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The demonetization exercise has resulted in a massive cash shortage, which is hurting economic growth. Photo: Hemant Mishra/Mint
The demonetization exercise has resulted in a massive cash shortage, which is hurting economic growth. Photo: Hemant Mishra/Mint

Demonetisation hits service tax, excise duty collection

Growth in service tax collection declined to 13% in November as against 68% in October; excise duty collections grew by 32% in November as against 41% the previous month

New Delhi: Excise duty and service tax collection growth slowed in November, reflecting to some extent the impact of demonetization on economic activity in the country.

According to indirect tax data released by the Central Board of Excise and Customs, excise duty collections grew by 32% in November as against 41% in October and 36% in September, reflecting the slowdown in manufacturing activity.

To be sure, since manufacturers with an annual revenue threshold of less than Rs1.5 crore are exempt from levy of excise, the impact of demonetization on very small manufacturers may not be captured by the excise collection data.

Growth in service tax collections decelerated to 13% in November, as against more than 60% in October.

In the case of service tax, the data includes very small businesses as the annual revenue threshold for them is Rs10 lakh.

Total indirect tax collection in November also declined by 13.9% over the previous month’s numbers, said a statement from the finance ministry.

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Last month, Prime Minister Narendra Modi announced the cancellation of the legal tender of Rs500 and Rs1,000 notes with effect from 9 November. The move has resulted in a massive cash shortage across the country that is impacting economic activity.

Many rating agencies, economists and financial institutions have lowered India’s growth forecasts for 2016-17, citing slowdown in demand and investment in the economy.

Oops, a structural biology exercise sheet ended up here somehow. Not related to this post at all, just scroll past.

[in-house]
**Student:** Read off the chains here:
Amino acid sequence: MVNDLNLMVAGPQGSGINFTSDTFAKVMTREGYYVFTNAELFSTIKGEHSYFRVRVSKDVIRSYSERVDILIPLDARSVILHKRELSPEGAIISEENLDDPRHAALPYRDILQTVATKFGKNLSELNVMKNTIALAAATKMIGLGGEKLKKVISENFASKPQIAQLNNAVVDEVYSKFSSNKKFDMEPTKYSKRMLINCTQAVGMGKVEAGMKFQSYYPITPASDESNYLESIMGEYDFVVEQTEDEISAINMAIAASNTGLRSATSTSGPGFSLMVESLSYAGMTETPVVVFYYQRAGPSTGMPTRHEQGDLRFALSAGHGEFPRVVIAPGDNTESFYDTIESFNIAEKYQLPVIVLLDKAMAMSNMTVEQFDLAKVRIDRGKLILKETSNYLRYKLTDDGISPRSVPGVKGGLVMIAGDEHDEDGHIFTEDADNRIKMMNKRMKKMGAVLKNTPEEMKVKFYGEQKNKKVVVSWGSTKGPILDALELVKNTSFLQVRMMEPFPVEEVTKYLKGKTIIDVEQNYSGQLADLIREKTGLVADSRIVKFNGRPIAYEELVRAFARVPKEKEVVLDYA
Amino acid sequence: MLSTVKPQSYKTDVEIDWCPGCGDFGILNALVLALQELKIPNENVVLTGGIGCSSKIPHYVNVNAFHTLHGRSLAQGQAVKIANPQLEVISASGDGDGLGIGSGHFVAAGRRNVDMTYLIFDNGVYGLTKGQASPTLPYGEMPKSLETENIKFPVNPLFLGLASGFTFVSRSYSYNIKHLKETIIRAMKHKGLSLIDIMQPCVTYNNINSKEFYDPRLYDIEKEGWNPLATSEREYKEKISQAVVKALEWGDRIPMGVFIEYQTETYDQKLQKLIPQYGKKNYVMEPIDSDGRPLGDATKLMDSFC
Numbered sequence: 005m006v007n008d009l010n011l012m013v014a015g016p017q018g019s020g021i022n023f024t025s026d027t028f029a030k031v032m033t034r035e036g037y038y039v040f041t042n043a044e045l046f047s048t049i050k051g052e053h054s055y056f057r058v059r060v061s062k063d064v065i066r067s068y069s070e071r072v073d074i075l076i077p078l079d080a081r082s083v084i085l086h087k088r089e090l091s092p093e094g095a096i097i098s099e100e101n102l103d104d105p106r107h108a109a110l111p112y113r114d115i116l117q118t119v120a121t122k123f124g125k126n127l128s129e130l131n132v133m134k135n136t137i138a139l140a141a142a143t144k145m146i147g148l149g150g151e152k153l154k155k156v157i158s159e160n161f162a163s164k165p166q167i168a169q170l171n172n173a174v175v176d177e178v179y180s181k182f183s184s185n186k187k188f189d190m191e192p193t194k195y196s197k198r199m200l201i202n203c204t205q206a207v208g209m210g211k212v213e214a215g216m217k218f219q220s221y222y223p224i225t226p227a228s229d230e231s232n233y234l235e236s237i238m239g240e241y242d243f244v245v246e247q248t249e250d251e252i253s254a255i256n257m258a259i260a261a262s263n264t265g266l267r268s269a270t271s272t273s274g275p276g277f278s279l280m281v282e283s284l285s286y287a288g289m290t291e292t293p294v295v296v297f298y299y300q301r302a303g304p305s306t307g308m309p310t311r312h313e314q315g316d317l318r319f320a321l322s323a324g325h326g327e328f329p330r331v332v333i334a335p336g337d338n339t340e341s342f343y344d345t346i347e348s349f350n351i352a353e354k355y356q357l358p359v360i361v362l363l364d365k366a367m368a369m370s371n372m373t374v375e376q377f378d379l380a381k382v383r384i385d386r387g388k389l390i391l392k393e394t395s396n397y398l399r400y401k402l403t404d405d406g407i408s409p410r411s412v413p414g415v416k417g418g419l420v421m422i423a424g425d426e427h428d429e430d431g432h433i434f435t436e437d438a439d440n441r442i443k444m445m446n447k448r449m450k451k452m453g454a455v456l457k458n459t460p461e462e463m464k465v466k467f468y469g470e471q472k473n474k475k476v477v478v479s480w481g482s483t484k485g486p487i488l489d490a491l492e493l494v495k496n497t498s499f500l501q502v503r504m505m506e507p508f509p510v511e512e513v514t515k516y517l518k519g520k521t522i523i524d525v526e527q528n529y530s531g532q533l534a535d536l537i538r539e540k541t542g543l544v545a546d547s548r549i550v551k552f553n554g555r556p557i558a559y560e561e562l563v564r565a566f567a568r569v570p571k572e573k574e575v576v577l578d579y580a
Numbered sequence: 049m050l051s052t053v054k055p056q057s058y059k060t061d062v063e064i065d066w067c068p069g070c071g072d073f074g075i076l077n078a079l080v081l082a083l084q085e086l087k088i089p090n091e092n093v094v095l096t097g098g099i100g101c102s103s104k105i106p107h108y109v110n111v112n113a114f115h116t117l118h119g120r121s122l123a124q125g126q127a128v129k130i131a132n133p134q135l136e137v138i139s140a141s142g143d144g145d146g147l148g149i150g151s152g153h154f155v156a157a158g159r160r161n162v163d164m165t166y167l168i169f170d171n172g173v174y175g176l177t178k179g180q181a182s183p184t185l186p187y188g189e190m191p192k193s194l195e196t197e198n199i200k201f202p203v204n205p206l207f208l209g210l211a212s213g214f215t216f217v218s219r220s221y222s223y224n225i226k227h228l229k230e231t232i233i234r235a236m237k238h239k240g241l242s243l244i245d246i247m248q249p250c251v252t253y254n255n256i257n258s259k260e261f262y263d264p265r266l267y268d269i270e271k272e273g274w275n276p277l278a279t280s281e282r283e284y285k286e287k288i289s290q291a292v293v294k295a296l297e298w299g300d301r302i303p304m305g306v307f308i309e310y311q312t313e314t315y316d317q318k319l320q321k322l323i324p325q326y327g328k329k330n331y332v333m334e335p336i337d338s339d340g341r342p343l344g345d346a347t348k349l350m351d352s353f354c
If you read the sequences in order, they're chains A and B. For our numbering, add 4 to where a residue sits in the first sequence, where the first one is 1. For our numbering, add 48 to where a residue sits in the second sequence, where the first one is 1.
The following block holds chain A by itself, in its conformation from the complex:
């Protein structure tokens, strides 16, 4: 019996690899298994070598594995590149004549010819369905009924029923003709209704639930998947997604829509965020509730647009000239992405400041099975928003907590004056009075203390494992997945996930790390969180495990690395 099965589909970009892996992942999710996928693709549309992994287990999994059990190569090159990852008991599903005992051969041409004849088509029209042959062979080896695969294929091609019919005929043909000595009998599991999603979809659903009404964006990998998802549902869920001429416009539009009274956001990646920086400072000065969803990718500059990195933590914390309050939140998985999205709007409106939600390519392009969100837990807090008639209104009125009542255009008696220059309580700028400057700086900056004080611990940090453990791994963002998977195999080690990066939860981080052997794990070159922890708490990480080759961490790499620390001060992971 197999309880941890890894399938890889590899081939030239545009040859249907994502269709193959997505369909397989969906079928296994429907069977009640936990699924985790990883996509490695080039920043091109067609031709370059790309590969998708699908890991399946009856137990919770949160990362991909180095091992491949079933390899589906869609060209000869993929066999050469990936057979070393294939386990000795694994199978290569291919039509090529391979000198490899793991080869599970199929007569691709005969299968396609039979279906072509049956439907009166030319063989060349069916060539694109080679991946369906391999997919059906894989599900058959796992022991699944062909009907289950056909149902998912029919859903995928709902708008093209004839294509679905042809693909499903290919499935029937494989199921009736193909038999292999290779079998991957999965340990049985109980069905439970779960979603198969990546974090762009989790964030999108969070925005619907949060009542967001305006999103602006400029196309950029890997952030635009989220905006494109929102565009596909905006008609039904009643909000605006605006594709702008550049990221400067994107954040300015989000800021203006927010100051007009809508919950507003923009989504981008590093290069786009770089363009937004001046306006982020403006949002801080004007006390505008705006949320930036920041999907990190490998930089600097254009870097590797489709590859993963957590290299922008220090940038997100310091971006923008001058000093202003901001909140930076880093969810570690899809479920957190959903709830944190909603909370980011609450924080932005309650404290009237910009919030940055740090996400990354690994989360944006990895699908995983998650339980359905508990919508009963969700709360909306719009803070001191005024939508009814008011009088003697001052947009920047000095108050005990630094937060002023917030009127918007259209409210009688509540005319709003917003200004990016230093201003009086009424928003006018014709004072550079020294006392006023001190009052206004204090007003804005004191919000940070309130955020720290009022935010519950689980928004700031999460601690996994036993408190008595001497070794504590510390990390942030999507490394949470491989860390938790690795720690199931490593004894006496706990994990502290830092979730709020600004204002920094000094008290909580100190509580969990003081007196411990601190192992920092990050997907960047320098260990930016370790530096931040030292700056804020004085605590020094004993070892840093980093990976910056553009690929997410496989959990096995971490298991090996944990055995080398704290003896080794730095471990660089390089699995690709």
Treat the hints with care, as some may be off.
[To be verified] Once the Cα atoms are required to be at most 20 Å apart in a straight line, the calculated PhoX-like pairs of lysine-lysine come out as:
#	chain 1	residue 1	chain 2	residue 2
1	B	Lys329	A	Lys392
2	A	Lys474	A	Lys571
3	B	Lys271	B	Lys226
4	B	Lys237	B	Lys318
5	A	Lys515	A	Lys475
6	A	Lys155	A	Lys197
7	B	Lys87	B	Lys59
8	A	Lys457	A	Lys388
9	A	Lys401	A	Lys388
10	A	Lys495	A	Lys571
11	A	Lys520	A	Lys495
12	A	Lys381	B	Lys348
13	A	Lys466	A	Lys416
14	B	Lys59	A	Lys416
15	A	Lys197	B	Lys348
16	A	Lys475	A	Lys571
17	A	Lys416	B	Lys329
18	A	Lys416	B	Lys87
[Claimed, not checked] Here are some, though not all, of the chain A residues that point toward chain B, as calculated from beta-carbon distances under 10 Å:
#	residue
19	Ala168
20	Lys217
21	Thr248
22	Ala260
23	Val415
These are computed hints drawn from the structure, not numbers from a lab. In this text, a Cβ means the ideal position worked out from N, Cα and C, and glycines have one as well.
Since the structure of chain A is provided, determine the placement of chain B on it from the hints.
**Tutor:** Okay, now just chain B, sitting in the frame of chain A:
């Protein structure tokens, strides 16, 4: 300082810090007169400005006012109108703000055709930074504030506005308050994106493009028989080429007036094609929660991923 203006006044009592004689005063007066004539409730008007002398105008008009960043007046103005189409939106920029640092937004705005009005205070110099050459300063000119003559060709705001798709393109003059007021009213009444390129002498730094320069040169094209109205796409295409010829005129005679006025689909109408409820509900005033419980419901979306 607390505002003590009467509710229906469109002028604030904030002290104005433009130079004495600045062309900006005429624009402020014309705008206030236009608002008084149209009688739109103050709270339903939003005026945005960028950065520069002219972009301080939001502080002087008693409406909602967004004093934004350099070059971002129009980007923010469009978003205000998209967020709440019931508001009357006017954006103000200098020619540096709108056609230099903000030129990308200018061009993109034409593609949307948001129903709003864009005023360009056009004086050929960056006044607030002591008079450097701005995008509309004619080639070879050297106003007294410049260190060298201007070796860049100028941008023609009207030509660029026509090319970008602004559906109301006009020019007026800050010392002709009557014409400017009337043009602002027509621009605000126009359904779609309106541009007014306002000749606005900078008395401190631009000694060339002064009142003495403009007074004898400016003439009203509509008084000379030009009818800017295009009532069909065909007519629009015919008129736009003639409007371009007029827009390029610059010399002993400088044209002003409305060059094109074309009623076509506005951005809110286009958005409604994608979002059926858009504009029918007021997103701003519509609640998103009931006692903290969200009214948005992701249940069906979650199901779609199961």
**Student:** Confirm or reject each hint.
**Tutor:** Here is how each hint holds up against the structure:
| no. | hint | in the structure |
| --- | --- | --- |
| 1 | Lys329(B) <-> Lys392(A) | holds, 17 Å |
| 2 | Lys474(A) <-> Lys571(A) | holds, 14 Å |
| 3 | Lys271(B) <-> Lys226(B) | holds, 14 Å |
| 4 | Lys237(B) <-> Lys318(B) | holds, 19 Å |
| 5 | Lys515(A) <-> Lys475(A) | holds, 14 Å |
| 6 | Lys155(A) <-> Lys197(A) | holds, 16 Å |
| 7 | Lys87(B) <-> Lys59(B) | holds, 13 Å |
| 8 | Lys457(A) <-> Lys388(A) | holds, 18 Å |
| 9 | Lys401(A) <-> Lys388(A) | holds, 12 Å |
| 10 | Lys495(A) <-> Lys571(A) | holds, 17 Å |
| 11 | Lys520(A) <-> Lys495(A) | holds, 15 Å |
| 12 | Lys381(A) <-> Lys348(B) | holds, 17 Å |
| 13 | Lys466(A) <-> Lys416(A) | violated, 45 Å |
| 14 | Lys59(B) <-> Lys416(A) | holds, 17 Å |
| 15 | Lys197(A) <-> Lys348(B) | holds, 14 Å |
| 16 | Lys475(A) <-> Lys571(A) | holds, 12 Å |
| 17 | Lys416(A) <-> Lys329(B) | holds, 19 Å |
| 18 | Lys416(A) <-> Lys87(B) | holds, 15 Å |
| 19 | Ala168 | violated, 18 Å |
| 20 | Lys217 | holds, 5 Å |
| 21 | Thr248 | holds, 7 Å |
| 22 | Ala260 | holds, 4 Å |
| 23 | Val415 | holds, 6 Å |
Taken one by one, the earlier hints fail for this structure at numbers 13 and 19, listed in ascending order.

Recent automobile sales data also reflects the trend of slowing demand. Automobile sales in November declined for the first time in 11 months as the government’s decision to ban high-value bank notes depressed demand for commercial vehicles and two-wheelers.

Total sales fell 5.48% during the month, the steepest decline since March 2013, according to data compiled by lobby group Society of Indian Automobile Manufacturers, or Siam.

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“Excise duty and service tax are very important leading indicators for economic activity in the economy. A sharp fall in these numbers suggest that economic activity has been hit badly during the month of November, especially after demonetization. Their effect will be seen in other tax revenues, like value-added tax (VAT), as well. They will show their effect in the falling GDP number for the month of November," said N.R. Bhanumurthy, professor at National Institute of Public Finance and Policy.

“Scarcity of new currency notes has led to the decline in the overall consumption demand in November. This trend will continue in the coming months as well unless the old currency notes are replaced by new ones in the market," Bhanumurthy added.

States have also seen a sharp fall in their VAT collections especially in sectors like tourism, hotels and small-scale manufacturing, Amit Mitra, finance minister of West Bengal and chairman of the empowered committee of state finance ministers, said recently, adding that demonetization had destabilized state finances.

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